The upside of the flexibility is that providers won’t self-deny their claims if the documentation doesn’t meet the former history and examination requirements for office visits. Providers may also benefit through fewer audits on office visit levels of service. Marting hopes CMS and AMA are “beta testing” to see if the documentation options are effective with office/outpatient visits, and will roll them out to additional services in the future, which would make more of a dent in reducing provider burden.
There are, however, other changes to documentation requirements with more potential to lighten the providers’ load, she says. CMS finalized a proposal, with a clarification, to free physicians from documenting services that are already documented by other members of the medical team. Physicians, physician assistants (PAs) and advanced practice registered nurses may review and verify (by signing/dating) the information documented by physicians, residents, nurses, students, or other “appropriate members of the medical team.” CMS clarified who qualifies as students, listing medical students and PAs, nurse practitioners, clinical nurse specialists, certified nurse midwives and certified registered nurse anesthetist students.
Site Neutrality, 340B Cuts Are ‘Mindboggling’
In the OPPS regulation, CMS “performs CPR on its site neutrality payment policy,” which the U.S. District Court for the District of Columbia voided in a Sept. 17 court decision, one attorney says. Judge Rosemary Collyer ruled in favor of the American Hospital Association and dozens of hospitals, which argued that CMS overstepped its bounds when it cut payments to all off-campus outpatient provider-based departments (PBDs), partly because the cuts aren’t budget neutral. The move to site neutrality was motivated by concern over increased spending on hospital outpatient services. Medicare pays more for the same services when they’re performed in provider-based space versus freestanding physician practices, and there’s a push to end the disparity.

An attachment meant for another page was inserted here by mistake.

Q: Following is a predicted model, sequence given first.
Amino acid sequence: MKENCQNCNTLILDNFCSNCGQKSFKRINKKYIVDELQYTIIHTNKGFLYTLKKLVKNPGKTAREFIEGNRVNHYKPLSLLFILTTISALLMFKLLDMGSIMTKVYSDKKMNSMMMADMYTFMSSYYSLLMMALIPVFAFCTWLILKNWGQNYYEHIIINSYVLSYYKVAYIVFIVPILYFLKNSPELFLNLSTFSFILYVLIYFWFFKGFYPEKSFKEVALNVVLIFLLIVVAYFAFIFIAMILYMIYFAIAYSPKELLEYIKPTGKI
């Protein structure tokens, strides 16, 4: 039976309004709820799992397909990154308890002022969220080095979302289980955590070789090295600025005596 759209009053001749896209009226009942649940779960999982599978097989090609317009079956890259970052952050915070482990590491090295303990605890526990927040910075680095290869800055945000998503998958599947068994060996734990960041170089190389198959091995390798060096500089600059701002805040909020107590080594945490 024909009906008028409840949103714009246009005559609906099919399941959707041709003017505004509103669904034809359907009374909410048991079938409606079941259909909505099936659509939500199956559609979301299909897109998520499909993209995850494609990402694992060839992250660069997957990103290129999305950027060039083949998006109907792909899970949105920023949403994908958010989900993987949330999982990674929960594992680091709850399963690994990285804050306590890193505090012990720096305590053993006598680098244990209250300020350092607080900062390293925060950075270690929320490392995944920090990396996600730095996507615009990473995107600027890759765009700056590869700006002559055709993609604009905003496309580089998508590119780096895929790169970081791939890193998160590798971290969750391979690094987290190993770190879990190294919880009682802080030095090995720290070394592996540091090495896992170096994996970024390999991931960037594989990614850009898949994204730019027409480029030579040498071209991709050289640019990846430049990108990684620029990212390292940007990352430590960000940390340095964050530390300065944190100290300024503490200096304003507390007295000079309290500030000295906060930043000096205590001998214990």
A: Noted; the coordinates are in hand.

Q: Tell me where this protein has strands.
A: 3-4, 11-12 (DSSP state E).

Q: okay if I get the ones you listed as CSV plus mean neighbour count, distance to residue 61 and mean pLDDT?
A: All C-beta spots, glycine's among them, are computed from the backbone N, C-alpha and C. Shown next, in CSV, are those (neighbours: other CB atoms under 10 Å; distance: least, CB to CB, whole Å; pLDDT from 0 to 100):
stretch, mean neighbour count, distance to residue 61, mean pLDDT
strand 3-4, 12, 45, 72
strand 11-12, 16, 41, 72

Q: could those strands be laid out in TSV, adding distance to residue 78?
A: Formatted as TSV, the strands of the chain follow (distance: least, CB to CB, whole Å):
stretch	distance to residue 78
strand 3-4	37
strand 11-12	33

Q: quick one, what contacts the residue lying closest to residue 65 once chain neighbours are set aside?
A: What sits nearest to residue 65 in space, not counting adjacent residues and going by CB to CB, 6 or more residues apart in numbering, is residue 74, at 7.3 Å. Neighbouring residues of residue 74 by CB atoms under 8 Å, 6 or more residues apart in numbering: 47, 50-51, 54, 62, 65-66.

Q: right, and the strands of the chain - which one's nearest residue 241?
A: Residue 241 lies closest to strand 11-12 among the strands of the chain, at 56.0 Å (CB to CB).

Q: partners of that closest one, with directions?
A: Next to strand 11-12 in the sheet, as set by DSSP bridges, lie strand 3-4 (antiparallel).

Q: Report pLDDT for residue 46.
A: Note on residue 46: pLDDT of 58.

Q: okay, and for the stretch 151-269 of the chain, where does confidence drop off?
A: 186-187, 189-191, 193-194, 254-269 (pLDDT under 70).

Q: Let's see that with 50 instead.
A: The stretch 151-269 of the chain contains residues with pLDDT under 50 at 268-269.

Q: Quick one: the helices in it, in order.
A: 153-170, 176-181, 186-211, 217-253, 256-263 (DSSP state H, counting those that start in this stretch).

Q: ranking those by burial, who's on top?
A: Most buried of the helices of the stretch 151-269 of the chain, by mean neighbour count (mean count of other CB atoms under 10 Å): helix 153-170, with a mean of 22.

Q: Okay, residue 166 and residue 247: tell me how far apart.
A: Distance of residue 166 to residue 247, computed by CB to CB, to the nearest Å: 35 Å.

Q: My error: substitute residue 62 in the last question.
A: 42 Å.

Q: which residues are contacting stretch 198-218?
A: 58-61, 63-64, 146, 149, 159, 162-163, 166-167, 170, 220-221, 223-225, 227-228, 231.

Congress set site neutrality in motion when it ended OPPS billing by off-campus, outpatient PBDs established after Nov. 2, 2015, under Sec. 603 of the 2015 Bipartisan Budget Act. They are now paid 40% of the OPPS payment rate under the MPFS. Then CMS announced its site neutrality payment policy in the 2019 OPPS regulation, which treats all off-campus PBDs like freestanding physician practices for payment purposes, at least for E/M services (HCPCS code G0463). The cuts are being phased in—30% this year, and double in 2020.